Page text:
The 4.7-cm Pak 36(t) was also used to attack and destroy fortified, artillery or machine gun emplacements. It was mounted on a two-wheeled carriage, fitted with a steel shield, and towed by horses or trucks. Many Skoda 47 mm guns were installed in German armoured vehicles, which were used as tank destroyers.


Type: anti-tank gun
Caliber: 47mm
Barrel length: 2 m
Weight: 605 kg
Elevation: -8º to +26º
Maximum range: 4,000 m


3.7-cm Pak 36

The 3.7 cm Pak 36 was a 37-mm anti-tank gun used by the German Army’s infantry during the first two years of World War II. Although it had been in service with the Wehrmacht since 1934, it was designated 3.7-cm Panzerabwehrkanone 35/36 in 1936. It first saw combat action in the Spanish Civil War (1936-1939), being part of the armament used by the Condor Legion. Effective against light tanks, the 3.7cm Pak 36 was widely used during the Polish Campaign (1939), the Battle of France (1940), and Operation Barbarossa (1941). However, in late 1941, the Battle of Moscow saw the emergence of the Soviet T-34 tank, which proved to be immune to this German anti-tank gun. Thus, by 1942, it had been replaced from frontline service by the 5 cm Pak 38 and the 7.5 cm Pak 40; nevertheless, some German paratroop units re-activated it in late 1942 and continued to employ it until 1945, thanks to the availability of the Stielgranate 41, which was a new shaped-charge shell that could defeat any armor. All in all, it was a modern weapon when it came out in 1934 and was exported to several countries before the war broke out, being used as a model from which other anti-tank guns were developed.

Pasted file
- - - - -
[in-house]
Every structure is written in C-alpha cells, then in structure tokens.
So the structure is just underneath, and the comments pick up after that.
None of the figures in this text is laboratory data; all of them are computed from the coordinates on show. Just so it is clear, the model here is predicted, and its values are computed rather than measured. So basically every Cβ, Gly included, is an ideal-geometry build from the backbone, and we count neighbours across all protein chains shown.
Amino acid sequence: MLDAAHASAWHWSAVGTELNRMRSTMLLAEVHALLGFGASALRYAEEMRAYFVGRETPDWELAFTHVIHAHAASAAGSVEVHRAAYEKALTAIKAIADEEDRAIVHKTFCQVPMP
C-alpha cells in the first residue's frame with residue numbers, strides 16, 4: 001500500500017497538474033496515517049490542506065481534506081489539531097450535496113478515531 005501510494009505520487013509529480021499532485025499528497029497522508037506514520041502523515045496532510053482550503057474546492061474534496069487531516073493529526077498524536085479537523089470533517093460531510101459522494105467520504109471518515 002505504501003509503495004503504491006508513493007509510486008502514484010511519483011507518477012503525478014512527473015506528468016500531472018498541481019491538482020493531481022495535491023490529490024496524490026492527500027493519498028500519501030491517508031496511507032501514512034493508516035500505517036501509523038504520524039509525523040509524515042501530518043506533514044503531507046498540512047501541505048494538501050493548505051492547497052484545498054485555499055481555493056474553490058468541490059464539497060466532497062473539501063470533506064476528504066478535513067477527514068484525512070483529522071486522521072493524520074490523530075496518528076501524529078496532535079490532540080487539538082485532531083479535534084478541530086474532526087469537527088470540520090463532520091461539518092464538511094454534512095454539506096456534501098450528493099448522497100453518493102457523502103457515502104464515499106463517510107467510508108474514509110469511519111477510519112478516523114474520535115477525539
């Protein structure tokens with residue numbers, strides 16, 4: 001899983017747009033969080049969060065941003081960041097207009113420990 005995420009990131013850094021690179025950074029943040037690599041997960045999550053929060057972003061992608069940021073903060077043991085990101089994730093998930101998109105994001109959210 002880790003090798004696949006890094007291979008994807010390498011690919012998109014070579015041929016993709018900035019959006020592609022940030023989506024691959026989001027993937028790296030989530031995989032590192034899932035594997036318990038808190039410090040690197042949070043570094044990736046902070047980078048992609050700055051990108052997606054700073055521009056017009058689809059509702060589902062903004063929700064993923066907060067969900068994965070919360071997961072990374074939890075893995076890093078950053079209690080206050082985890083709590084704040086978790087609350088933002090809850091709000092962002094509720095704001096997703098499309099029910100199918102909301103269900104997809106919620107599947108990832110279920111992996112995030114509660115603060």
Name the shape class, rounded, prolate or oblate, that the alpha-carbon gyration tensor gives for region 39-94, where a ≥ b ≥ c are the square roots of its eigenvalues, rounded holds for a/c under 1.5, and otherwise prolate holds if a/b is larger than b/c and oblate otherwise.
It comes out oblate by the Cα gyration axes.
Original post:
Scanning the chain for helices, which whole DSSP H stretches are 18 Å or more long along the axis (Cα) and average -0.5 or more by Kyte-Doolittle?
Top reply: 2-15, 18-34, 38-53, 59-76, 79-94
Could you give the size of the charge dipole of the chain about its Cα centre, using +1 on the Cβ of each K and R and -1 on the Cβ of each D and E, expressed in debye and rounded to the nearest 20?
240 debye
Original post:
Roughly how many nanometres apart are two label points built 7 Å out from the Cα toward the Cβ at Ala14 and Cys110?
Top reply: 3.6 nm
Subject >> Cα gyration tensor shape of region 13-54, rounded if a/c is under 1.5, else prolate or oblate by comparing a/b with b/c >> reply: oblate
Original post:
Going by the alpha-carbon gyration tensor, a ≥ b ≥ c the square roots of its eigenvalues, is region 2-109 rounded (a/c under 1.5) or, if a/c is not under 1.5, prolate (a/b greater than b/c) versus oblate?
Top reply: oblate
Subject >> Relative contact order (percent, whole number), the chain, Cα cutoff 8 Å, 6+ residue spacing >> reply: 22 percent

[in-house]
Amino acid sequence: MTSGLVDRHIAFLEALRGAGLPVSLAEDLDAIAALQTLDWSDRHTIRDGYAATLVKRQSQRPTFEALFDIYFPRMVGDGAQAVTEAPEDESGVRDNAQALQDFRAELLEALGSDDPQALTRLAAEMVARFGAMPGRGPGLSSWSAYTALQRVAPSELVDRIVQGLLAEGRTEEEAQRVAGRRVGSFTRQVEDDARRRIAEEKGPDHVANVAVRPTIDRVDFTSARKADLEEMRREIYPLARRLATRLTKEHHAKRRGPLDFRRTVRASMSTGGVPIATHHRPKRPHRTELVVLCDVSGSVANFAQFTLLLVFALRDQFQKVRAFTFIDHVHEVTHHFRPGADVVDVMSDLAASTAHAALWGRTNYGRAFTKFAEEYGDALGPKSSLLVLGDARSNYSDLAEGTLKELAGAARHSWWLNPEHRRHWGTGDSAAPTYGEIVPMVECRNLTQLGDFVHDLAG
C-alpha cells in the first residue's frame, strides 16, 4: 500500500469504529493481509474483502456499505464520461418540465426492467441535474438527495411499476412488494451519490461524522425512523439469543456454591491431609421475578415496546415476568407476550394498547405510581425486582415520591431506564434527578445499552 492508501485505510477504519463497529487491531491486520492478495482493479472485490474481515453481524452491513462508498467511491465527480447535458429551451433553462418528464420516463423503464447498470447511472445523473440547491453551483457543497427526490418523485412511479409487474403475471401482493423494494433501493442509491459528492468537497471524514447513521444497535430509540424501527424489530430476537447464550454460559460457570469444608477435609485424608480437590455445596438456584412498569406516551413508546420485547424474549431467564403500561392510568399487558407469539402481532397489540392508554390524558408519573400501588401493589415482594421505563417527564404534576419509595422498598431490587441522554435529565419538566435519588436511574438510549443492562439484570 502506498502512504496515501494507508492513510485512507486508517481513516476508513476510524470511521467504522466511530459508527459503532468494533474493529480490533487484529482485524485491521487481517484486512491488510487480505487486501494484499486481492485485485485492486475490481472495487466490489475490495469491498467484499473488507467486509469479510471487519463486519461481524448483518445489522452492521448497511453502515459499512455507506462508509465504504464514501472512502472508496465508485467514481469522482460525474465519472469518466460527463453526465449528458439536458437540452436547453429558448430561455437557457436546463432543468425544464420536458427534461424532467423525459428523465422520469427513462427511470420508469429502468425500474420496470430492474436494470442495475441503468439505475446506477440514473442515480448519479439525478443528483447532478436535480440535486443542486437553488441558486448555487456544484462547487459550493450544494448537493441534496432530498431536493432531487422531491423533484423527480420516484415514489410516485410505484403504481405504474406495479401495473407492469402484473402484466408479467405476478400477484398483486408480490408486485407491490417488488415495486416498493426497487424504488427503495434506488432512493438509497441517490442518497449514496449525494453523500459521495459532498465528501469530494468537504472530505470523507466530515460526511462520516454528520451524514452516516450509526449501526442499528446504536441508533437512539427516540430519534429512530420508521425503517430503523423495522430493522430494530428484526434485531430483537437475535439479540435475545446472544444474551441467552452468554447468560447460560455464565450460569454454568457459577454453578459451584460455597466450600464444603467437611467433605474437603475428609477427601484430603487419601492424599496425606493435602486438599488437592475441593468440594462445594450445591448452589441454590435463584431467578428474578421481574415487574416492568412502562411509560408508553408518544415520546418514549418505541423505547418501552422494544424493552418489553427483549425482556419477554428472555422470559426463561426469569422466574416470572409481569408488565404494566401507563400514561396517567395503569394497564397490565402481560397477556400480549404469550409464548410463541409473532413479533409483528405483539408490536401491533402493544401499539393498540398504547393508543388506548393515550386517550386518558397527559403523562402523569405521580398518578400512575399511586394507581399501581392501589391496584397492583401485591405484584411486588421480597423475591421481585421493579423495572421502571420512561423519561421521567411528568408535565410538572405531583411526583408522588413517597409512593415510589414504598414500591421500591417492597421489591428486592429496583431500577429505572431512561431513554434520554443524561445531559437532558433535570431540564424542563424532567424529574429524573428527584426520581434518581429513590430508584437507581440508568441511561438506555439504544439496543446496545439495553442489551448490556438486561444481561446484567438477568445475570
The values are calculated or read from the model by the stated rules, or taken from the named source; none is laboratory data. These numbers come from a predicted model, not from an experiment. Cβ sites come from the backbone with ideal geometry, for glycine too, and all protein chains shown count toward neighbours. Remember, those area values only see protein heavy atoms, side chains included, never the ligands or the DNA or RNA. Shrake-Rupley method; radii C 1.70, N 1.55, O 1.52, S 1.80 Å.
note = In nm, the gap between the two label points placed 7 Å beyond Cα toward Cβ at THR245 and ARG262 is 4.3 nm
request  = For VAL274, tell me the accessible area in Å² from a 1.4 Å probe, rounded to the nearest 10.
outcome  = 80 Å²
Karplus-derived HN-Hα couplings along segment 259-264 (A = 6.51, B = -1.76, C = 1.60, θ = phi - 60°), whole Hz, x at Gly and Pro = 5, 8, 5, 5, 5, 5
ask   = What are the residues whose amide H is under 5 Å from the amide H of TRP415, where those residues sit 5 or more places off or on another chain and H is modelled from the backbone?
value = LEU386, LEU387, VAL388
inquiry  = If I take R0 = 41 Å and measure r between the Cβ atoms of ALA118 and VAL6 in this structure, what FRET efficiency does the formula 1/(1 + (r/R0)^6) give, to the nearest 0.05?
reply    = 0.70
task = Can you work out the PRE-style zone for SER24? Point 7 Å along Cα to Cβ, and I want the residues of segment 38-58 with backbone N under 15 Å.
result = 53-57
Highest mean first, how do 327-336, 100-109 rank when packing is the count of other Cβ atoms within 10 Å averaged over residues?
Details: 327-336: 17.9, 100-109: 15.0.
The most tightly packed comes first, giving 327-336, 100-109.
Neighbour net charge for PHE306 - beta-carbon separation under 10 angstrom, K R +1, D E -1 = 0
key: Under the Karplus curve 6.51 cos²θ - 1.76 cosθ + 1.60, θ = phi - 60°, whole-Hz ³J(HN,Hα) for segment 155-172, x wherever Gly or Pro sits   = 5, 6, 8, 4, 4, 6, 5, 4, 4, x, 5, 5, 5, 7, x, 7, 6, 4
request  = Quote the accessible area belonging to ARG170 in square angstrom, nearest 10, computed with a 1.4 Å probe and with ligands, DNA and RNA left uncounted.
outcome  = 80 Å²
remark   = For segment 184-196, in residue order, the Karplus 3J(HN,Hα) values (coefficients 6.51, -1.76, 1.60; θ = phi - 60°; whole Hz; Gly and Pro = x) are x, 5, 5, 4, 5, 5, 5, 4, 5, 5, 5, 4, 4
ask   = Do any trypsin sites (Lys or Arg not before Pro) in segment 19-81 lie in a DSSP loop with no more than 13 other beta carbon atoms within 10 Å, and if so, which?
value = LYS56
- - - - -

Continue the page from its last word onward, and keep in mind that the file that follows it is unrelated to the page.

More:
Technical Characteristics

Mounted on a two-weeled carriage, it was fitted with tubular split trail legs and a sloping steel shield. The 3.7 cm Pak 36 featured a 1.66m-long rifled barrel, which fired 0.680-kg shells, with an effective range of 300 m. The maximum armor thickness it could punch through was 64mm at 100 m. With a total weight of 440 kg and an elevation of -8º to + 25º, it was operated by a crew of 3.

8.8-cm Pak 43

The 8.8 cm Pak 43 (Panzerabwehrkanone 43) was an anti-tank gun, with a hydro-pneumatic recoil system, used by the Wehrmacht mechanized infantry units during World War II. Manufactured by Krupp, it was in service from 1943 until the end of the war and was fielded on all three Fronts of the European theater of operation. The 8.8 cm Pak 43 was an effective and powerful anti-tank gun capable destroying and putting out of action any Soviet and Allied tank and armored vehicle.


Although the main version was set on an effective, 4-wheeled, cruciform mount, a simplified variant was mounted on a two-weeled split-trail carriage, being hauled to the battlefield by trucks or tracked military vehicles. With a 6.61m-long rifled barrel, it had an effective range of 4,000 m, being able to punch holes in a 140mm-thick steel plate, with a 30º inclination, located at 2,000 m away. This tank-buster gun was also mounted on the chassis of tank destroyers, such the Nashorn, Elefant, and Jagdpanther, as well as in the Tiger II tank’s turret.


Type: anti-tank gun

Caliber: 88mm

Barrel length: 6.61 m

Weight: 4.4 tons

Breech type: horizontal sliding block

Elevation: -5º to +38º

Rate of fire: 15 rpm

Muzzle velocity: 1,130 m/s – 1,000 m/s

Shell: 7.3 kg Panzergranate 40/43 armor-piercing round or 10.2 kg PzGr 39 APR

8.8 cm Pak 43 in Action (footage)